Things Aren’t Always How They Seem…That Goes For Writing, Too

It’s cold here in the desert right now.  My toes are still elongated ice cubes, even though they are encased in fuzzy double-layer socks.  I’m not going to give a temperature because the Midwesterners buried in snow may take this as bragging.  They may call me a wimp and send me hate emails.  It is true that it’s colder elsewhere, and maybe I am a wimp.  But I’m a freezing cold wimp…in the frigid, windy desert.

My four-legged kids appear to feel the chill, too.  I came upon my unmade bed this afternoon and found a surprise.  (Just so you know – I can’t make it in the morning because Cybil is in it.  Remember, what I had to go through just to change the sheets?)

Here’s a glimpse into how my sometimes-scary mind works:  Finding my cat hidden inside the folds of rumpled covers triggered the vague thought that sometimes, things aren’t as they seem.  This made me think of situations where things look different from reality.  Then, as I often do, I realized that this goes for writing, too.  See, it’s kind of like a toppling line of dominos, only not nearly as cool!

Just like friends aren’t always friends, the “free” gift with purchase isn’t free, or low-calorie fudge cake doesn’t taste like its rich cousin, I’ve realized that what I thought I had figured out about novel writing isn’t much at all.  If my writing journey was a trek up Mount Everest, I’d still be loading my pack with supplies right now 🙂

I have to say that not having a clue made starting a project simpler.  All I had when I wrote my first novel was a goal to actually finish (for once), a rough story outline and several characters with descriptions that I could reference.  The vague idea of what should happen in each chapter and my cast of characters was enough for me.  I didn’t know the rules, so I wasn’t bothered by them.  The lack of discipline showed in the editing, but I think my novel of “don’ts” still has promise.  Someday.

After reading “The Art & Craft of Writing Christian Fiction” by Jeff Gerke, I understand that plot and character both have to be spot-on for the story to be memorable.  I have to strengthen my weaknesses, remember to show, not tell, fight predictability, and write interesting dialogue.  Oddly enough, the dialogue doesn’t worry me as much as the other aspects, which worries me 😛 Such pressure!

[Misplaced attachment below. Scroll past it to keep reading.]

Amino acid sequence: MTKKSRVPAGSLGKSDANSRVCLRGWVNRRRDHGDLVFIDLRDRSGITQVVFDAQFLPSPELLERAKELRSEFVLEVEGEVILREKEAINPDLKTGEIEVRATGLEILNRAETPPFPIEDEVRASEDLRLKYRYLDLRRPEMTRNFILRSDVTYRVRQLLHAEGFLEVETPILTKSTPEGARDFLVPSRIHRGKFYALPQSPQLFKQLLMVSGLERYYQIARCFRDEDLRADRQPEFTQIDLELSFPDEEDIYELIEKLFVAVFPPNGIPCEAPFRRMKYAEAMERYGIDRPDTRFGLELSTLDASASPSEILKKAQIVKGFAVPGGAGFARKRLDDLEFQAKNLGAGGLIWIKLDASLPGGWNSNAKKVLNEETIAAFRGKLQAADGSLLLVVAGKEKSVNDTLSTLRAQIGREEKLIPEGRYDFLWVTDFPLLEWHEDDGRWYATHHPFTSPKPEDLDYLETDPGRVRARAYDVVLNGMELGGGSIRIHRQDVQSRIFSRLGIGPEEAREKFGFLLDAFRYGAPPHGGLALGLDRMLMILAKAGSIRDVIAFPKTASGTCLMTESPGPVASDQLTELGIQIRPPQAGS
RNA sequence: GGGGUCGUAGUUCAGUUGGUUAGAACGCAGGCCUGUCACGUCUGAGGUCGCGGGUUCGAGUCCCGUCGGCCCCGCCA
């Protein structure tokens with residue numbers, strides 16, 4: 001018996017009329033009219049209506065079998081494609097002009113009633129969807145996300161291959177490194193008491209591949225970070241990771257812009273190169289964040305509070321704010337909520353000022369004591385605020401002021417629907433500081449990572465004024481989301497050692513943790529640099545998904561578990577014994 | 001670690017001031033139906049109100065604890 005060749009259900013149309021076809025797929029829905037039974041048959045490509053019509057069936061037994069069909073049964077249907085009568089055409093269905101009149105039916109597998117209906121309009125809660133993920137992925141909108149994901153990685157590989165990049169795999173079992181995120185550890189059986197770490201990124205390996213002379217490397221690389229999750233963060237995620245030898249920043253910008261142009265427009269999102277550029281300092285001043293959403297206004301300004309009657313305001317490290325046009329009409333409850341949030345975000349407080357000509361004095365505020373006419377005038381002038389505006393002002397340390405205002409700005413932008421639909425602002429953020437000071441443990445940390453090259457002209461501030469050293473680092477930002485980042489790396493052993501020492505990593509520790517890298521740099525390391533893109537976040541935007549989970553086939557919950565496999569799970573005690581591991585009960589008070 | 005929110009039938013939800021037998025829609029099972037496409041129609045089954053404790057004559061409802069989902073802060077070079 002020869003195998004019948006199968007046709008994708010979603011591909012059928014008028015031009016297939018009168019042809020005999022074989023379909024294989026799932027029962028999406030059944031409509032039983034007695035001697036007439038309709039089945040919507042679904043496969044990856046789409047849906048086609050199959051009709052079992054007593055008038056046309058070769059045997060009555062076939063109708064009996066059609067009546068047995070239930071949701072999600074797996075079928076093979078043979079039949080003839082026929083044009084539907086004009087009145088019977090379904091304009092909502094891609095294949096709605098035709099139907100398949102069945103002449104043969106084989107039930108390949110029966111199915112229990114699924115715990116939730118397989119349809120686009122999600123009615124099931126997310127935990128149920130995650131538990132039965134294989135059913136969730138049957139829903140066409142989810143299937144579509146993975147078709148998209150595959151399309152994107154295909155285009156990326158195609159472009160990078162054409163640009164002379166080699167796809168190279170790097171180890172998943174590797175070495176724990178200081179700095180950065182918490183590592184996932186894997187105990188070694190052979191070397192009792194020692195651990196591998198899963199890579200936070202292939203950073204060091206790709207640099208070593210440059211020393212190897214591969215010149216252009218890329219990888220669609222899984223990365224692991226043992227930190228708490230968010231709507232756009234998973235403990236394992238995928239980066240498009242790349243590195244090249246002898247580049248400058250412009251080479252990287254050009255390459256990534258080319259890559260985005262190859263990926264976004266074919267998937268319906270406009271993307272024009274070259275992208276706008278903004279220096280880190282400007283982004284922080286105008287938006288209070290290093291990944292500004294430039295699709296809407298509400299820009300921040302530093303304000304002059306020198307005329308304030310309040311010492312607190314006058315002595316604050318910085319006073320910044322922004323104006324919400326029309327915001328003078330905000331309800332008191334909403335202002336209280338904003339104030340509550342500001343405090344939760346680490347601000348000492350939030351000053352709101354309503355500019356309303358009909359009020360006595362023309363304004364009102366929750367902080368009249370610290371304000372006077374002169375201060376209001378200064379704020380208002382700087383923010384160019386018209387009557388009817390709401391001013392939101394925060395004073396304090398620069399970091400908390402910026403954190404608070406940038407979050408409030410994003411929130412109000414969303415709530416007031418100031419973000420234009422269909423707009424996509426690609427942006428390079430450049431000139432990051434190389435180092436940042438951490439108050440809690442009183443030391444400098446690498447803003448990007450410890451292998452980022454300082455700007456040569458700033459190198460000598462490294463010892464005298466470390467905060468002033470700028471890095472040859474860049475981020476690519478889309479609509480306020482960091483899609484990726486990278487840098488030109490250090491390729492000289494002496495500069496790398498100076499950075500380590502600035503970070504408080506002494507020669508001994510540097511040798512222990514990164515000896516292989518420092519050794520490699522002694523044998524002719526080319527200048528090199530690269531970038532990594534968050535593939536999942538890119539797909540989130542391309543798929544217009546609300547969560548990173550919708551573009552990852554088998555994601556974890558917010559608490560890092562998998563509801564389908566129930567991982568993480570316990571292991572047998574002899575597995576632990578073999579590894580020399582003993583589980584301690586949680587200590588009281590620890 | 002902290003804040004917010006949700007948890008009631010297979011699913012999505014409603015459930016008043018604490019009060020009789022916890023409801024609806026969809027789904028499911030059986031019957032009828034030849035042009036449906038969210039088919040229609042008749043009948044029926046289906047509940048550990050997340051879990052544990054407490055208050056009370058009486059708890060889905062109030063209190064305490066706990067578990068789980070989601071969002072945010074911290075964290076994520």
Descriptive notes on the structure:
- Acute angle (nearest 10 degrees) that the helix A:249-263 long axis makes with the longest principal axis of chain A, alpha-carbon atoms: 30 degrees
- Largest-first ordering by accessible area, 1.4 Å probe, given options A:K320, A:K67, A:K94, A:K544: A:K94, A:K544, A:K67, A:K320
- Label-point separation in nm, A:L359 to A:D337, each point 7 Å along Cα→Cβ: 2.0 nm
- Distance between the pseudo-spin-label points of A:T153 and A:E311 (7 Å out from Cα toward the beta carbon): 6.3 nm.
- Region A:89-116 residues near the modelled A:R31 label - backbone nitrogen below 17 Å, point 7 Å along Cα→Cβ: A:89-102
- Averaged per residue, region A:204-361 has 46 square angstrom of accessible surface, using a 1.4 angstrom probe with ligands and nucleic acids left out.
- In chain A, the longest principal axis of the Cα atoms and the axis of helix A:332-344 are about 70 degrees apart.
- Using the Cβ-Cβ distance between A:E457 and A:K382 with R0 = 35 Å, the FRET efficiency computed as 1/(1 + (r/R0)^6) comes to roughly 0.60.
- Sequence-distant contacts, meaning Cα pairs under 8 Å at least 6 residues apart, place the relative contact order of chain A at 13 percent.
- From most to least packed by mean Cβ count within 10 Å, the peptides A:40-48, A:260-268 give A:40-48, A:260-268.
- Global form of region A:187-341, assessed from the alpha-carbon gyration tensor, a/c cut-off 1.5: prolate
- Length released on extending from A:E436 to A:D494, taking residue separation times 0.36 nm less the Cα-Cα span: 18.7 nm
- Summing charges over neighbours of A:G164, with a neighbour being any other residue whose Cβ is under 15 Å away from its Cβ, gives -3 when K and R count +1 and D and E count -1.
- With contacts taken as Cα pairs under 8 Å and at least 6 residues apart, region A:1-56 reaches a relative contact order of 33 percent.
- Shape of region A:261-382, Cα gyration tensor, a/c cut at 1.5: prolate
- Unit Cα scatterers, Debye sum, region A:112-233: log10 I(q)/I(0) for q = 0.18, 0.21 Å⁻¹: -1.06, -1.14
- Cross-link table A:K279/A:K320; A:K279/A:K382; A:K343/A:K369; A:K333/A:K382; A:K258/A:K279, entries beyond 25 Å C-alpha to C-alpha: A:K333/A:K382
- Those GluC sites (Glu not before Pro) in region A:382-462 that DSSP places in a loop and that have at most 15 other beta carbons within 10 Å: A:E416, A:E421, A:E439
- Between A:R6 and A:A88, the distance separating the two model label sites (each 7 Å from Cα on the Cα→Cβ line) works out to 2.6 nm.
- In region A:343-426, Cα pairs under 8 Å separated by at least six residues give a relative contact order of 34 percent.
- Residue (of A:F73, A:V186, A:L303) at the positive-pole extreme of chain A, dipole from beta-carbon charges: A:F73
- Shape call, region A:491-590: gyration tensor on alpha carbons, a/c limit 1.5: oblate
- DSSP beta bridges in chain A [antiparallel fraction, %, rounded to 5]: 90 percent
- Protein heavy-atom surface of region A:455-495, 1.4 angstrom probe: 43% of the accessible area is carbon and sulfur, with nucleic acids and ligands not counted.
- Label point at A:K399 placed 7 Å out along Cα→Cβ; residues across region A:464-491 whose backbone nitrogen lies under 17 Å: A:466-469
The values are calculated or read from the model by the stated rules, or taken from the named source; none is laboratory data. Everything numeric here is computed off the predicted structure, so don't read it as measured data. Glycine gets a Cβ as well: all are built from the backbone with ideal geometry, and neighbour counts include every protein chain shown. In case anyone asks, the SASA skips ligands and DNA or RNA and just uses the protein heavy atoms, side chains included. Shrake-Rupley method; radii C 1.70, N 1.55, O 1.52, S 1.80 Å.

Deep breath.  Exhale.  I have to start somewhere.  Is it going to be plotting out the story?  Or is it going to be character development?  Both are vital to the story and somewhat depend on the other.  Oh, I can’t decide.  <groan> Wait!  I know how to choose…

Eenie, meenie, miney, moe…

Which came first – the chicken or the egg?  Do you plot your story or develop characters first?

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26 thoughts on “Things Aren’t Always How They Seem…That Goes For Writing, Too

  1. Bill Greeves February 3, 2011 / 6:18 AM

    I have only done one full manuscript so far and honestly I think the plot and characters evolved at the same time. I remember jumping back and forth between the story itself and jotting notes on the back story of each character. Over time, both evolved drastically. As the story became more intricate, the characters lives got deeper. The story itself was a complete product of my mind, but the characters became a mix of snippets of people I know or had met with a touch of idiosyncrasy built in to make them more alive. I worked recently on a short story/poem experiment and it was all story first and the character, but even then the character is much lighter in this one…not sure if that is because of the brevity of the story or the format (poem vs prose). I am right now debating on which story I want to work on next, but I’ll let you know if I start to see a trend in my own writing!

    • jannatwrites February 3, 2011 / 7:26 PM